What Is the Tugrik (MNT)?

The tugrik (MNT) is the official currency of the country of Mongolia and has been in use as the national currency since 1925.

Key Takeaways

  • The tugrik (MNT) is the official national currency of Mongolia and has been in use since 1925 when it replaced all other currencies in the country.
  • The Bank of Mongolia, the country's central bank, maintains the tugrik, which is represented by the symbol ₮.
  • Banknotes range in denominations from ₮1 to ₮20,000, while coins are valued between ₮20 to ₮500.
  • The most common and popular exchange currency for the MNT is the U.S. dollar (USD).

Understanding Tugrik (MNT)

Tugrik is Mongolia's sole legal currency. It's abbreviated as MNT and represented by the symbol ₮. It is also known as the tögrög and the tughrik, can be found in the following denominations: ₮1, ₮3, ₮5, ₮10, ₮20, ₮50, ₮100, ₮500, ₮1,000, ₮5,000, ₮10,000, and ₮20,000 (although bills under ₮10 are no longer printed). The most commonly used coins are ₮20, ₮50, ₮100, ₮200, and ₮500. The currency is maintained by the country's central bank, the Bank of Mongolia.

The basis for Mongolia's financial system was laid in 1924, the same year the country's central bank was formed. Originally called the Mongolian Trade and Industrial Bank, it was renamed the Bank of Mongolia in 1954. The bank is responsible for overseeing and maintaining the stability of the tugrik.

The first banknotes went into circulation in December 1925 and the tugrik completely replaced the Mongolian dollar three years later. The MNT isn't pegged to any currency and no other currency is pegged to it.

The most common and popular exchange currency for the MNT is the U.S. dollar (USD). As of June 11, 2021, the exchange rate was one MNT to $0.000350195. A single USD purchased about ₮2,856.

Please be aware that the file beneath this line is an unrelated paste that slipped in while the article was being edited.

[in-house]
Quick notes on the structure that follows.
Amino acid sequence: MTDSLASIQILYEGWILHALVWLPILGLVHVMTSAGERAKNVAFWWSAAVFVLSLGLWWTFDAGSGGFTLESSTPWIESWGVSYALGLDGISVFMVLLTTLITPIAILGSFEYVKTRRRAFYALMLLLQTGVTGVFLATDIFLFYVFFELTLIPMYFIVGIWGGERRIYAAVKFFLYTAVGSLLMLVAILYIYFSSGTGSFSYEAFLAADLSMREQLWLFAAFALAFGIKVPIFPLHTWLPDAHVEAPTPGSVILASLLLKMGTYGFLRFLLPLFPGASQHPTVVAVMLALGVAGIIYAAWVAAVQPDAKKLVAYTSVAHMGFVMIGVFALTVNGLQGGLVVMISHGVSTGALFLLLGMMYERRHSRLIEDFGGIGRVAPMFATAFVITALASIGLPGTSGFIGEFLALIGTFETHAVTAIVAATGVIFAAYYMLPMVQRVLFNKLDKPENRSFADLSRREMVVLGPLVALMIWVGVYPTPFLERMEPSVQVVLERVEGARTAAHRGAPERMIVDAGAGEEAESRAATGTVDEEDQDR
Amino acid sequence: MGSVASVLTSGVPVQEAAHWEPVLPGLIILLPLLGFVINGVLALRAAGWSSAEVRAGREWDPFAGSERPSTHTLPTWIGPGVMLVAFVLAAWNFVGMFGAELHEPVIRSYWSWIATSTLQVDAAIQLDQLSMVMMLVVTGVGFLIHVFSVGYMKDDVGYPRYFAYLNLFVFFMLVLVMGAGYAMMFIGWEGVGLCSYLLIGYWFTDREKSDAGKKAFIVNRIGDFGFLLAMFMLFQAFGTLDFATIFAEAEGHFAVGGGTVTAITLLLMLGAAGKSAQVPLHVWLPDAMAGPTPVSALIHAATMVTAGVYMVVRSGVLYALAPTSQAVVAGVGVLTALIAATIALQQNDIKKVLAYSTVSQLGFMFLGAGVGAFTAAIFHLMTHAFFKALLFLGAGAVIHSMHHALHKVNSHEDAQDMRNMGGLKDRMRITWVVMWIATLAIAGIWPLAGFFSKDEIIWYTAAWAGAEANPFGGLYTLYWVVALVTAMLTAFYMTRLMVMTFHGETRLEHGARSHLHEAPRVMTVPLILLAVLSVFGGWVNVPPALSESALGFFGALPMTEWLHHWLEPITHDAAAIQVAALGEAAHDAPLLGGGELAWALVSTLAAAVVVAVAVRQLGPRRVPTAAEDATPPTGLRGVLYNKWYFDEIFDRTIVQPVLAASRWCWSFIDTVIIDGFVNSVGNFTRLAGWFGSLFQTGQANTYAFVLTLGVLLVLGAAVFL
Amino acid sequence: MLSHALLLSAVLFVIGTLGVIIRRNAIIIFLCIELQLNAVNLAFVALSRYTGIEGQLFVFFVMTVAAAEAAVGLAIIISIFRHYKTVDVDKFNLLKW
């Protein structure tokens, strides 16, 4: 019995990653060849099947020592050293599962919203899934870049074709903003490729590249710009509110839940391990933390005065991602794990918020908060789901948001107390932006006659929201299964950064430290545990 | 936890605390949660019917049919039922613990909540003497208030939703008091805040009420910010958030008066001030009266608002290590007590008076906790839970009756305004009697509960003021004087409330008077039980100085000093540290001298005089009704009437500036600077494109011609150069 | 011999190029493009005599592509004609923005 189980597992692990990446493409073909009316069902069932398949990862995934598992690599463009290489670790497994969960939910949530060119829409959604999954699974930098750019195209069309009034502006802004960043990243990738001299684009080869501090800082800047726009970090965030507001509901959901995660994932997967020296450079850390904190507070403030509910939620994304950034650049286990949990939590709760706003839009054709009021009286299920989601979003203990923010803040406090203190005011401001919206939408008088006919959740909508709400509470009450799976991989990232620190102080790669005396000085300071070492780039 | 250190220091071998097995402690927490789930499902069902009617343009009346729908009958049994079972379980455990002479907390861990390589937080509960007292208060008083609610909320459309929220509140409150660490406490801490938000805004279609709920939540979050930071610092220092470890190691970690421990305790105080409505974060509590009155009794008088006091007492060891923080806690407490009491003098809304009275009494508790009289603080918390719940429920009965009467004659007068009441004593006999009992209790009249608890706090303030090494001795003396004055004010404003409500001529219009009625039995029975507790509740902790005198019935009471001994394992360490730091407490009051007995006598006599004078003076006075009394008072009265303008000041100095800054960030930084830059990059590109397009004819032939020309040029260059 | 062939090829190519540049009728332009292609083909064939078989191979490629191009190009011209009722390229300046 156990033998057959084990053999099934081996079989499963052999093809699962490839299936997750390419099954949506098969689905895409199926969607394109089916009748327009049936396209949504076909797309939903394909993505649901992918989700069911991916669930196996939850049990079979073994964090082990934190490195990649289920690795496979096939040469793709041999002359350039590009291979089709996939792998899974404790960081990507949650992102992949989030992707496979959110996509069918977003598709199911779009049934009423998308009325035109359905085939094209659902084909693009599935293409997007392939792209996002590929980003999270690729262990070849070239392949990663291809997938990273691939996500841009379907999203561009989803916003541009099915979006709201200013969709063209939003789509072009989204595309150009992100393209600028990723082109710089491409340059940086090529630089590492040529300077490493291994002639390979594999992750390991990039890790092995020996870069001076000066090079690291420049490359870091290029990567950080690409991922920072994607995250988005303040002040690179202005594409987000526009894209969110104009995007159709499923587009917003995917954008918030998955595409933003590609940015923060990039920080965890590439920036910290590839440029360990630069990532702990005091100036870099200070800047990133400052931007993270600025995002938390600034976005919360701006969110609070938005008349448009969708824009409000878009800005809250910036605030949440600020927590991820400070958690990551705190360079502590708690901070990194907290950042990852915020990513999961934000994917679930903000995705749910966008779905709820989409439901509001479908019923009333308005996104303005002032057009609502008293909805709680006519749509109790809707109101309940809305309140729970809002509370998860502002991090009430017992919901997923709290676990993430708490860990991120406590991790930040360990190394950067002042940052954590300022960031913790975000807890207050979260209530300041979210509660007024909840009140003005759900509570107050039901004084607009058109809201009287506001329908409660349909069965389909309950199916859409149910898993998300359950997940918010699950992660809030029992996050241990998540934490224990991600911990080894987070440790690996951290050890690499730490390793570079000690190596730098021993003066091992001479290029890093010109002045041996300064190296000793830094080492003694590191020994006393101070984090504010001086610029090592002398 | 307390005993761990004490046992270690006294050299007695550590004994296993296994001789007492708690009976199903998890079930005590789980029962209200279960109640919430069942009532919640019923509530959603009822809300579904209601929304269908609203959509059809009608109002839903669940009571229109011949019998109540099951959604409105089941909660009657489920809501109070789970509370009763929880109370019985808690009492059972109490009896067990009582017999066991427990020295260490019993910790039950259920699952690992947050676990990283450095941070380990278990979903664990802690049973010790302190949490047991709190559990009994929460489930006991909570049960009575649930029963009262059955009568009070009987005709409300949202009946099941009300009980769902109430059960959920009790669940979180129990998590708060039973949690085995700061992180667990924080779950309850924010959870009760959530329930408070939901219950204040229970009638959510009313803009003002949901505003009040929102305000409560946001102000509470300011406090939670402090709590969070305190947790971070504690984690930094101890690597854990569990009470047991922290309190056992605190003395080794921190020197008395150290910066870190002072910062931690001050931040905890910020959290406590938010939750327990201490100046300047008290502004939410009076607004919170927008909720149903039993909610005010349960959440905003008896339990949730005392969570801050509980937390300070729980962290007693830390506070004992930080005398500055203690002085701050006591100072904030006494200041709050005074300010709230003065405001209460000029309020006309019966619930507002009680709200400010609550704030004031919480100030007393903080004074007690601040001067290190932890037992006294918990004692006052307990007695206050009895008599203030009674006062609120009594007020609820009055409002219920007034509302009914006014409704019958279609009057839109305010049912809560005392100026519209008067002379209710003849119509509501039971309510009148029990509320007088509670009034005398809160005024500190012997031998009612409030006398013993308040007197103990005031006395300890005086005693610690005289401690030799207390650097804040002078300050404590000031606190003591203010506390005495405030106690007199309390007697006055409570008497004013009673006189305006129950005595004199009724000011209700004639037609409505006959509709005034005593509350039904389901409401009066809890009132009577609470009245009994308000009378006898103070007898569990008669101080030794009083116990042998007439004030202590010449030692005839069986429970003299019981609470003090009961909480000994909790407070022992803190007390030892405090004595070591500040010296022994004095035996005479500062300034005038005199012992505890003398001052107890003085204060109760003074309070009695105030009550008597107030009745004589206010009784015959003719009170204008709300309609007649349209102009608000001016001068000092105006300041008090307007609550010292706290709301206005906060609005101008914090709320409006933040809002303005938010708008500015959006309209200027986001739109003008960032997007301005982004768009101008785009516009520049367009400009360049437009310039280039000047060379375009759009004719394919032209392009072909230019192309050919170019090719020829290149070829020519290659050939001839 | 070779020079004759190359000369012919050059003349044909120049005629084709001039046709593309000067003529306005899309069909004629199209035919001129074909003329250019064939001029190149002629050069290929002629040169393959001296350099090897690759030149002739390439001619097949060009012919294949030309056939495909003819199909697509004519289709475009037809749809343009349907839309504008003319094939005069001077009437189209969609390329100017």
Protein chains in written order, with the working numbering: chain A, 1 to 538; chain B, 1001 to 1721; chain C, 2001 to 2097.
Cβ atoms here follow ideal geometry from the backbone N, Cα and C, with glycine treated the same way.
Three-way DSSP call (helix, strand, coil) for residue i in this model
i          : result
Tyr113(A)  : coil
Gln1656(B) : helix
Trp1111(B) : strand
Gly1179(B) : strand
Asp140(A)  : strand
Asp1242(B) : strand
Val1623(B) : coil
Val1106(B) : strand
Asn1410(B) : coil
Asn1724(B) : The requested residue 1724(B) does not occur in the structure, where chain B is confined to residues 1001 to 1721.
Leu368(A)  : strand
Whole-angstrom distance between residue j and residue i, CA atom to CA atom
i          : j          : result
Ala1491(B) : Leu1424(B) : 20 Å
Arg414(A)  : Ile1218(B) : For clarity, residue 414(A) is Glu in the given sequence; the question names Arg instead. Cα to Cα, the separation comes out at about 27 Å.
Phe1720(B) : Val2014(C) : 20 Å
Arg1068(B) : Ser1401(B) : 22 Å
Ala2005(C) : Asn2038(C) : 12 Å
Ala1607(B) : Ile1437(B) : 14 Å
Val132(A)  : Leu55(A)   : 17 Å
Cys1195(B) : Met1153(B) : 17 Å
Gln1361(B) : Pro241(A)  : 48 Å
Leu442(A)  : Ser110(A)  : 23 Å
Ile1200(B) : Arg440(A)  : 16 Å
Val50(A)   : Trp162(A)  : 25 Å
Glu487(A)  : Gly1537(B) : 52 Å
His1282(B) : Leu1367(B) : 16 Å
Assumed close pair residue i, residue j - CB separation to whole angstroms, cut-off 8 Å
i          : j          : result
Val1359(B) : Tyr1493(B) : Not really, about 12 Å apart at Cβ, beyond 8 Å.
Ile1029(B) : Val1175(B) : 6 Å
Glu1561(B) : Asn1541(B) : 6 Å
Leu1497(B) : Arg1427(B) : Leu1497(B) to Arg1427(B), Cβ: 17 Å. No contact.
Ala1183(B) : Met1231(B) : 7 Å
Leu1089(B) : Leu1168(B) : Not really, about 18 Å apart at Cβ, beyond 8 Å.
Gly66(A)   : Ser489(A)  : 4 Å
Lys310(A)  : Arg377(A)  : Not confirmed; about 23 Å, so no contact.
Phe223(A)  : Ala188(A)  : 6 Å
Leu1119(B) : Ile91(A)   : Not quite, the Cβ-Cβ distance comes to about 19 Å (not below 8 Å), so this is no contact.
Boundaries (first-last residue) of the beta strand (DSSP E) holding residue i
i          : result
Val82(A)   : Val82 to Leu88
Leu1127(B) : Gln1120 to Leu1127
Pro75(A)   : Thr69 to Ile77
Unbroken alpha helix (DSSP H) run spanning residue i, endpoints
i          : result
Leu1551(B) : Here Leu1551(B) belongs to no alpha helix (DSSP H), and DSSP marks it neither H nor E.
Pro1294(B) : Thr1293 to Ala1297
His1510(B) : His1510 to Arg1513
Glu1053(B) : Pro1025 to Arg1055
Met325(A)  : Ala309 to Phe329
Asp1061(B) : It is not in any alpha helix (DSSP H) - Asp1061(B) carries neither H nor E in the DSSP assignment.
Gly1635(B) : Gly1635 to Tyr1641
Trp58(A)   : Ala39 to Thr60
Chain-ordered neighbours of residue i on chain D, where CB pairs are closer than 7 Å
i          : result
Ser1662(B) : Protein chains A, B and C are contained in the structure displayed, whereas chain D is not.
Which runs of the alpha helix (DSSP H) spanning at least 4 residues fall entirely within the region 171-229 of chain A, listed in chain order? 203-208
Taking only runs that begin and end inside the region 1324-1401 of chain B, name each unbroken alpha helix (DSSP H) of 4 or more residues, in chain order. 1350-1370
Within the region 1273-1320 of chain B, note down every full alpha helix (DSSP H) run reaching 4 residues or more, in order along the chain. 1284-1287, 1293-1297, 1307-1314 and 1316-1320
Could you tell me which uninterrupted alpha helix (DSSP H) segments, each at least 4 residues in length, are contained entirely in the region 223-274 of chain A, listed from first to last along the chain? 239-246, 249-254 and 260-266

Travelers are only allowed to import and export a maximum of ₮815 into and out of the country. The country's major banks are able to exchange currency without difficulty and can provide cash advances when needed.

Individuals can use U.S. dollars along with credit and debit cards at major retailers, hotels, and automated teller machines (ATMs) where travel and tourism are common—notably in the capital city Ulaanbaatar. Carrying local currency when traveling in Mongolia is advised.

History of the Tugrik (MNT)

The Mongolian government enacted a currency reform act on Feb. 22, 1925, giving the central bank the sole authority to issue the tugrik. Along with naming the currency, the act also set parameters on how the currency would be backed—a 25% minimum by precious metals and 75% by "goods with high liquidity."

The tugrik was previously subdivided into mongos or möngös. One mongo was the equivalent of 1/100 of a tugrik. But because of its low value, the mongo was removed from circulation. The currency is produced in the United Kingdom, and was originally printed and minted in the former Soviet Union.

Mongolia's economy relies mainly on agriculture, herding, and mineral resources. Due to the COVID-19 pandemic, the Mongolian economy contracted by 5.3% in 2020, the most extreme contraction since the early 1990s. Still, since 1991, the country has tripled its per capita GDP.